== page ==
Interested in this offer for your organisation? Please click here.

 

Lineal are a trusted Microsoft Gold Partner, click here to learn more about Microsoft Office 365 cloud working.


Microsoft Submerge Underwater Datacentre

Microsoft have successfully submerged their first underwater datacentre, in a test expected to trial the viability of the technology.

The shipping-container sized server array was lowered to the sea bed near the Scottish Islands, as part of a flagship test for the concept of underwater IT infrastructure.

Project Natick, which is powered entirely by renewable energy via the European Marine Energy Centre’s wave and tidal power generators, will test whether largely autonomous data centres might be deployable in areas where sea-water cooling can be used to manage excess heat.

This kind of cutting edge research and development (described by one Microsoft Vice-President as ‘Crazy’) represents a significant engineering challenge: in addition to surviving water pressure, the datacentre’s server arrays must connect via undersea cable and function for five years without physical maintenance before the capsule is recovered.

Undersea communications cables have been in use since the 1850s, although maintaining complex fixed underwater infrastructure is a feat so far only managed by the oil & gas sector.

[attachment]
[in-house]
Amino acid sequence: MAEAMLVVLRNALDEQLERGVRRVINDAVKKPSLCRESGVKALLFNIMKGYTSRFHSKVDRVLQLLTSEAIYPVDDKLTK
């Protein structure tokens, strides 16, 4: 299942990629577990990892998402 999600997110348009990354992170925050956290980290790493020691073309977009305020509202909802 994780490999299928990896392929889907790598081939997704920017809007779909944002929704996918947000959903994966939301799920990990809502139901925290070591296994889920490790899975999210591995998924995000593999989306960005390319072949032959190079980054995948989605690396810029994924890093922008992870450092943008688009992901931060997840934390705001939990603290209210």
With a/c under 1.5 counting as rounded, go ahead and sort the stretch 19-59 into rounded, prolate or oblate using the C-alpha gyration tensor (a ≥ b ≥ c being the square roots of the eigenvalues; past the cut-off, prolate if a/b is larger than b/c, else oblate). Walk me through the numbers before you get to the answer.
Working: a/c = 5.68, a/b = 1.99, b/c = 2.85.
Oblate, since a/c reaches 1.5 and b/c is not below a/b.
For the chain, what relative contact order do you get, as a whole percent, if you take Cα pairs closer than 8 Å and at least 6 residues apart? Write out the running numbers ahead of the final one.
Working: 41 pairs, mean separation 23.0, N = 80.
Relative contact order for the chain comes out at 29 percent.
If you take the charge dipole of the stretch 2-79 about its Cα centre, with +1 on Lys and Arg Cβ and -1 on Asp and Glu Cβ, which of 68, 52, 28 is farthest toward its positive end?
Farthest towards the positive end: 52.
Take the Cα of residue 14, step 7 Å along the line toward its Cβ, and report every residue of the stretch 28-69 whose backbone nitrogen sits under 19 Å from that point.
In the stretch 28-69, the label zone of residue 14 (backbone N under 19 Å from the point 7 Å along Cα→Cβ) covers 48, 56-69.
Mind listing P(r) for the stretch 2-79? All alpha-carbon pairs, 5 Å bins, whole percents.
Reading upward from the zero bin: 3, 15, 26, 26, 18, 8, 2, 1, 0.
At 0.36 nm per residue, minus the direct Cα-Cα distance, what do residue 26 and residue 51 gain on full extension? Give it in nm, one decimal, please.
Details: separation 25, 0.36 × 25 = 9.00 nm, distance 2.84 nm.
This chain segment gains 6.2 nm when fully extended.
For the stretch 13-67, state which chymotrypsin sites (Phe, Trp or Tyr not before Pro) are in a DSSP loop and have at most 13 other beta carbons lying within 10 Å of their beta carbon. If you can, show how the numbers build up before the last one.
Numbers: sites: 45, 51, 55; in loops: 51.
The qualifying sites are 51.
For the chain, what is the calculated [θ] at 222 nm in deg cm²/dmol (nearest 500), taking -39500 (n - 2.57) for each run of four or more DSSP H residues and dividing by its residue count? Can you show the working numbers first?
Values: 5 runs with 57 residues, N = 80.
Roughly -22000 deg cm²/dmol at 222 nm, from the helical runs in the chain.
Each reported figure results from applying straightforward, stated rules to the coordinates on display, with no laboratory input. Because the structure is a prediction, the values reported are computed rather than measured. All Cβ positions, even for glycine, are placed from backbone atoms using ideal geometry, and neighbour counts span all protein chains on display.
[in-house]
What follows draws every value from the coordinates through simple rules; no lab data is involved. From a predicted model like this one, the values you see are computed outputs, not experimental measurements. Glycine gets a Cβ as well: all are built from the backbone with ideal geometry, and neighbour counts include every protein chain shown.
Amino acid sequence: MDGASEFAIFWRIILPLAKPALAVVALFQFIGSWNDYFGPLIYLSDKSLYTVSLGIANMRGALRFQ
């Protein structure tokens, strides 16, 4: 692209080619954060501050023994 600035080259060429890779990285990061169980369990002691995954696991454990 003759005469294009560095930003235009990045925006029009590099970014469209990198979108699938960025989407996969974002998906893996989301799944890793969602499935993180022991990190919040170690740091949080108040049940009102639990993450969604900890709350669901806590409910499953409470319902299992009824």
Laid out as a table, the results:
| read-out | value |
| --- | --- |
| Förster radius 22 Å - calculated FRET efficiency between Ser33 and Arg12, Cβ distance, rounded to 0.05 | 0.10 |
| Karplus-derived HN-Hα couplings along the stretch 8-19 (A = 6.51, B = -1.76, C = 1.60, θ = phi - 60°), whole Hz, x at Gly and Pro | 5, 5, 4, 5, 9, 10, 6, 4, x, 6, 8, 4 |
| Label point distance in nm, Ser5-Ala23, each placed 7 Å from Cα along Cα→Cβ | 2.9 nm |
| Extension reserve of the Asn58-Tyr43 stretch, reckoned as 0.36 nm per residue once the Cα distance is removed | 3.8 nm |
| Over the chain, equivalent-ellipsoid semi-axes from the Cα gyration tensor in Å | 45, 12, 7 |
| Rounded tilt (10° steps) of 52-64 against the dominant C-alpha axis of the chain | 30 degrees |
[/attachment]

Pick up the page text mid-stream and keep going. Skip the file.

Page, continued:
Conventional land-based datacentres (such as those used to deliver Microsoft’s Office 365 and Azure services) require high electricity usage and infrastructure to spin fans for air-cooling. Without efforts at carbon off-setting currently used by Microsoft, this would carry significant environmental cost – creating an incentive to ‘heat sink’ the technology underwater.

Microsoft also notes that almost half the world’s population lives near large bodies of water (a legacy of a previous millennium), and that in future the underwater datacentre may prove a solution to the issue of secure delivery of cloud services closer to point of use.

Lineal are a Microsoft Gold Partner – for expertise and support: contact us today.


Google One to Google Drive your Life

Google looks set to replace Google Drive with Google One, a broader ranging storage service designed to incorporate storage across a whole range of Google services.

Google One will be available with up to 15GB storage for free (as with Google Drive now), $1.99 a month for 100GB, $2.99 for 200GB, 2TB for $9.99. It’s not yet clear whether these prices will be adjusted for UK users.

Drive users will be migrated to the new service over the ‘coming months’ and can stay updated by email by subscribing with Google here.